Barley water, a non-alcoholic mead alternative

Originally uploaded by tillwe
Following on my last topic regarding mead, here's a viable alternative beverage for your traditional pagan or celtic wiccan wedding (or variant thereof). Barley water is an ancient beverage, and is still a hugely popular drink in England. Made with honey, it's a great alternative to mead if for some reason you do not wish to (or don't have time) to use, make or acquire mead. Barley water can be made very quickly, and being made with honey and the ancient and nourishing grain, barley, still retains the symbolic qualities of beauty, fertility and joy. Most, if not all of the ingredients can be obtained at any grocery store here in Utah.

Barley is one of the most ancient of cultivated grains, with archaeological evidence from the ancient Middle East stretching back over 9,000 years.

Originally uploaded by venkane
The ancient Celts drank a precursor to the modern ale, made with fermented barley and herbs. If you are fond of working with Greek or Roman deities or mythology, a drink called the Kykeon was used at the Elusinian mysteries, and it was said to be composed of water, barley and mint.

Barley water in various forms has been used for millenia, with countless regional and cultural variations. It has been touted as a cure for bad skin, a panacea for digestive problems, and in the case of the Kykeon, fermented barley water contaminated with a form of ergot was suspected by some scientists to be the cause of the hallucinations reported by attendees of the rites of Eleusis. Another version of barley water is often sold in Mexico and the US - called horchata, it can be made with barley, rice or chufa (a root).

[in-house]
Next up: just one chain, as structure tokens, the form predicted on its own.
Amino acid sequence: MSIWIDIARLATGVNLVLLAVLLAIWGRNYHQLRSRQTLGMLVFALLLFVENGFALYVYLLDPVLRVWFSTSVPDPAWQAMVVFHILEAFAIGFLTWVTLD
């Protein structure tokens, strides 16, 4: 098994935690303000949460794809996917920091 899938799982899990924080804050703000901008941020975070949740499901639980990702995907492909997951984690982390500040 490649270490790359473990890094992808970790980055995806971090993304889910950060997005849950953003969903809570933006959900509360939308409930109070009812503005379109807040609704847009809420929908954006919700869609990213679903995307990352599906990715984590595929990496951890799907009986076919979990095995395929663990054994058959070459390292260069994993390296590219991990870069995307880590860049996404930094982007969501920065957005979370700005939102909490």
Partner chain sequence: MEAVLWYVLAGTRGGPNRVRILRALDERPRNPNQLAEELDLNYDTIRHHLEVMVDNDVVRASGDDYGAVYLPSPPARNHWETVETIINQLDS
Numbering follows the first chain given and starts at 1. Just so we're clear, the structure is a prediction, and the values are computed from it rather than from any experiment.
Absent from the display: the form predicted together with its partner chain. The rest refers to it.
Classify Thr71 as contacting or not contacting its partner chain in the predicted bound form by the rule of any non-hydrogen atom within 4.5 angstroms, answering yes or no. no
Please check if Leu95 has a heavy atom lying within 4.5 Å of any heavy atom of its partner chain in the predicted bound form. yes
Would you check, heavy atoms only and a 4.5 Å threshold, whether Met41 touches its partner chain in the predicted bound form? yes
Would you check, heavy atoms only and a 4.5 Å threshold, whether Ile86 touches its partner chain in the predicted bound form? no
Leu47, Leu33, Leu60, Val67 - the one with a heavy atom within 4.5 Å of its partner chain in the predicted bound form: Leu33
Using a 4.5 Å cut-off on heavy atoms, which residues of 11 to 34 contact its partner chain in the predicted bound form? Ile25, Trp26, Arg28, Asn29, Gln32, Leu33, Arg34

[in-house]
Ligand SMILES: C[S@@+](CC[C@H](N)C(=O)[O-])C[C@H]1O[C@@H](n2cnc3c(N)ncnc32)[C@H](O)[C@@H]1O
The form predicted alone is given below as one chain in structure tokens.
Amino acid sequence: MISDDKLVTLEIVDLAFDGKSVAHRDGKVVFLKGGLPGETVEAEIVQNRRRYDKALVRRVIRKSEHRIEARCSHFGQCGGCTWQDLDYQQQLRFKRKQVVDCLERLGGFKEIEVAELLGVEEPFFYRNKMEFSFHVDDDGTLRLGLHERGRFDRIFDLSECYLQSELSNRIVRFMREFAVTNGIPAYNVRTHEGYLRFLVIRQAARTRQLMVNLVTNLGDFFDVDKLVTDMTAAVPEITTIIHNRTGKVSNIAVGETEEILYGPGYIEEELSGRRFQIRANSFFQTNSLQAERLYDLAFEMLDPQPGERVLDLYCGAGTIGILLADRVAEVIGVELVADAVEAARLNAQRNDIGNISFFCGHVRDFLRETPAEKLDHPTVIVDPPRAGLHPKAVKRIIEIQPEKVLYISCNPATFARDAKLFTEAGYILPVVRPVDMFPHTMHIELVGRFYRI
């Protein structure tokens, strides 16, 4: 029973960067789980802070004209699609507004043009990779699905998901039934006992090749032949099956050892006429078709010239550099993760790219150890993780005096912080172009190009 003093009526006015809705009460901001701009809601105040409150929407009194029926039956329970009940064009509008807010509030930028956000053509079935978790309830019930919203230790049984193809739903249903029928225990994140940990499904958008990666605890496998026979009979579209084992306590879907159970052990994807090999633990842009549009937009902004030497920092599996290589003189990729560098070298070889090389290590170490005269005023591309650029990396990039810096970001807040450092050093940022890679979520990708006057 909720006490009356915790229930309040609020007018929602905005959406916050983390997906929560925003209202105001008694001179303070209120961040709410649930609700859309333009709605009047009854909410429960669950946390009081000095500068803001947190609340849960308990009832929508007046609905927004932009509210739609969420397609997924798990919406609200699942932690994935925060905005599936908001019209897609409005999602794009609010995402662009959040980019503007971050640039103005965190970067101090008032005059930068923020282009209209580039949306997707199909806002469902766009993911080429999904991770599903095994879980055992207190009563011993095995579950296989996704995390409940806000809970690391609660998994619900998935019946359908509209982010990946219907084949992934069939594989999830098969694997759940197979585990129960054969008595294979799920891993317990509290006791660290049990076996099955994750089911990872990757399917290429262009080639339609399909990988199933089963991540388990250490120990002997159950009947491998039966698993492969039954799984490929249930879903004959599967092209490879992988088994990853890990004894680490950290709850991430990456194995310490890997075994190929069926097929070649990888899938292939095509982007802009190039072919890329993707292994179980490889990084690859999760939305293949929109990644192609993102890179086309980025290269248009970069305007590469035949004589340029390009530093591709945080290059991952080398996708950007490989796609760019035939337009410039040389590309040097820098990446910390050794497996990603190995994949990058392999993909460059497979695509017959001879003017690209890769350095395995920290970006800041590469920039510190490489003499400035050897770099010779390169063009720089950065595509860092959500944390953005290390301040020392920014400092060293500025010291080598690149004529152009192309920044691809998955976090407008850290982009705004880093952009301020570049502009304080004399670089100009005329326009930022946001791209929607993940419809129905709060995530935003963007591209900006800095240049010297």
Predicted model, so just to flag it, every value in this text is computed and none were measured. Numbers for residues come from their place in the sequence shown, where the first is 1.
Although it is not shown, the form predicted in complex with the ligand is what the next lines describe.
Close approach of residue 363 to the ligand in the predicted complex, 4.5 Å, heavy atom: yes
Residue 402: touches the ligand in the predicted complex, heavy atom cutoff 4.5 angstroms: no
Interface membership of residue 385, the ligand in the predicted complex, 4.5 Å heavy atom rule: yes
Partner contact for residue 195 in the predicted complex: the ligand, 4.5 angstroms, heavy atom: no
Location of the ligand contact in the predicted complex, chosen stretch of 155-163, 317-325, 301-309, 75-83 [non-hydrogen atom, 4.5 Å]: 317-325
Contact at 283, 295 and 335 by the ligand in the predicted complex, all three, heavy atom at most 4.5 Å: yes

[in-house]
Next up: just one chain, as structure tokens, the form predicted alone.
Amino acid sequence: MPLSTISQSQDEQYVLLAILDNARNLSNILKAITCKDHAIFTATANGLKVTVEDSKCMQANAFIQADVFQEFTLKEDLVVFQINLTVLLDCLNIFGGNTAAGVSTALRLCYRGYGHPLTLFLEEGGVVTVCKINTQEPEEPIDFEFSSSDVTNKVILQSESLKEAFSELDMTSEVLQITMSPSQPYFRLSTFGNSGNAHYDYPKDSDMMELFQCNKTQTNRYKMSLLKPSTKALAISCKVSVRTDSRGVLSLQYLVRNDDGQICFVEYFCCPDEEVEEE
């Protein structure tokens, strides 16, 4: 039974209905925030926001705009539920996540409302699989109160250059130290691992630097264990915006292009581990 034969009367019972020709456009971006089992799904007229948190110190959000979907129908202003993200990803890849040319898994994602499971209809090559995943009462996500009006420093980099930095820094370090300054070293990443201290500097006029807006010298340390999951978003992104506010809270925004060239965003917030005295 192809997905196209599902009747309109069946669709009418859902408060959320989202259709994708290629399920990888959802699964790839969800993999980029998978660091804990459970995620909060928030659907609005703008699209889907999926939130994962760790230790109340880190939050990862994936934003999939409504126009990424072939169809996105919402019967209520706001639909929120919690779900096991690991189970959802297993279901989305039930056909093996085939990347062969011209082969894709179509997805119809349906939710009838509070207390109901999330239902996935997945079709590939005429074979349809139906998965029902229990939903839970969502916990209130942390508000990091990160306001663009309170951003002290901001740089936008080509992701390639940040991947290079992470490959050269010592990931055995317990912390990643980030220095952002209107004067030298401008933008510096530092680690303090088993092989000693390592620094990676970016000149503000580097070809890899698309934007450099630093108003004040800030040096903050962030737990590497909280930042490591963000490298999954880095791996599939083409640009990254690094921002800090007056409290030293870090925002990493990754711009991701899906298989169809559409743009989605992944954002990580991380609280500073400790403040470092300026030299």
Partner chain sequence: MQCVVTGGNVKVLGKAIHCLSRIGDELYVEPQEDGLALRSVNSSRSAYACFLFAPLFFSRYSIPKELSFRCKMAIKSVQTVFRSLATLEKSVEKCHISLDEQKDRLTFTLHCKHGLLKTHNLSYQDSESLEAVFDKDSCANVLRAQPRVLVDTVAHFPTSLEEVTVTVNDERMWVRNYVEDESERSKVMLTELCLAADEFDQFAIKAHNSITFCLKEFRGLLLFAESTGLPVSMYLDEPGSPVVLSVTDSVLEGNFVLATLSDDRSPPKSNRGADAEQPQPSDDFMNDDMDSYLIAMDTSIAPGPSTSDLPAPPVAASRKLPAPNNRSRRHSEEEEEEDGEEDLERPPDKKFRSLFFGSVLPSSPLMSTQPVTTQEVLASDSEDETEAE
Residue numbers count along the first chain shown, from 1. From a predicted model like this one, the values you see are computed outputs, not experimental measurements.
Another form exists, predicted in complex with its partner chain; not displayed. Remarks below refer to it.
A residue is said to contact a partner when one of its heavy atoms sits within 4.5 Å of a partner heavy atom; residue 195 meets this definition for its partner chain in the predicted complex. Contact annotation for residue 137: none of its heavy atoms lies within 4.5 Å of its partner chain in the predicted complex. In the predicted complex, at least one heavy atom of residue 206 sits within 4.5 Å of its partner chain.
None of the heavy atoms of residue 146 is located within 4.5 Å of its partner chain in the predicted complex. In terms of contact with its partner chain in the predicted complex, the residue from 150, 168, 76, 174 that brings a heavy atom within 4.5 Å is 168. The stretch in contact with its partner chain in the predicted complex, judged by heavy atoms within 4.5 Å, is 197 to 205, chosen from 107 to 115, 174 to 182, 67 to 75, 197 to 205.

You can use the same recipe for both drinks. If you are making the Kykeon-style drink, omit the lemon rind from the boiling step.

British traditional lemon barley water

2 qts. water
2 c pearled barley
1 c. honey
rind of 1 lemon, sliced
juice of 3 lemons

Put barley, water, lemon rind in a large stockpot and bring to boiling, then simmer covered for about 20-30 minutes, or until barley is soft and slightly overcooked. You'll need to add more water to the pot as the barley absorbs the water as it cooks. The best way to do this is to note where the water line is when you start and try to keep it near that level until the barley is done cooking. Strain off the liquid from the barley into a pitcher or bowl. If you don't enjoy drinking thicker liquids, you can strain the water once more through a cheesecloth or similar filter to remove some of the barley solids in the water. Next, stir in the honey (to taste, you can add more or less than 1 c.) while it is still warm. Add the juice of the lemons to taste. Kept in the refrigerator, it should be good for up to 3-4 days, so it can be made in advance of the ceremony.

For Kykeon-style barley water:

Omit lemon rind from boiling and juice from final step.
Add fresh mint to taste, usually 1/4 c. fresh crushed mint leaves are sufficient unless you like a more strongly flavored drink. If you're not a strict traditionalist, you can sweeten with honey as desired.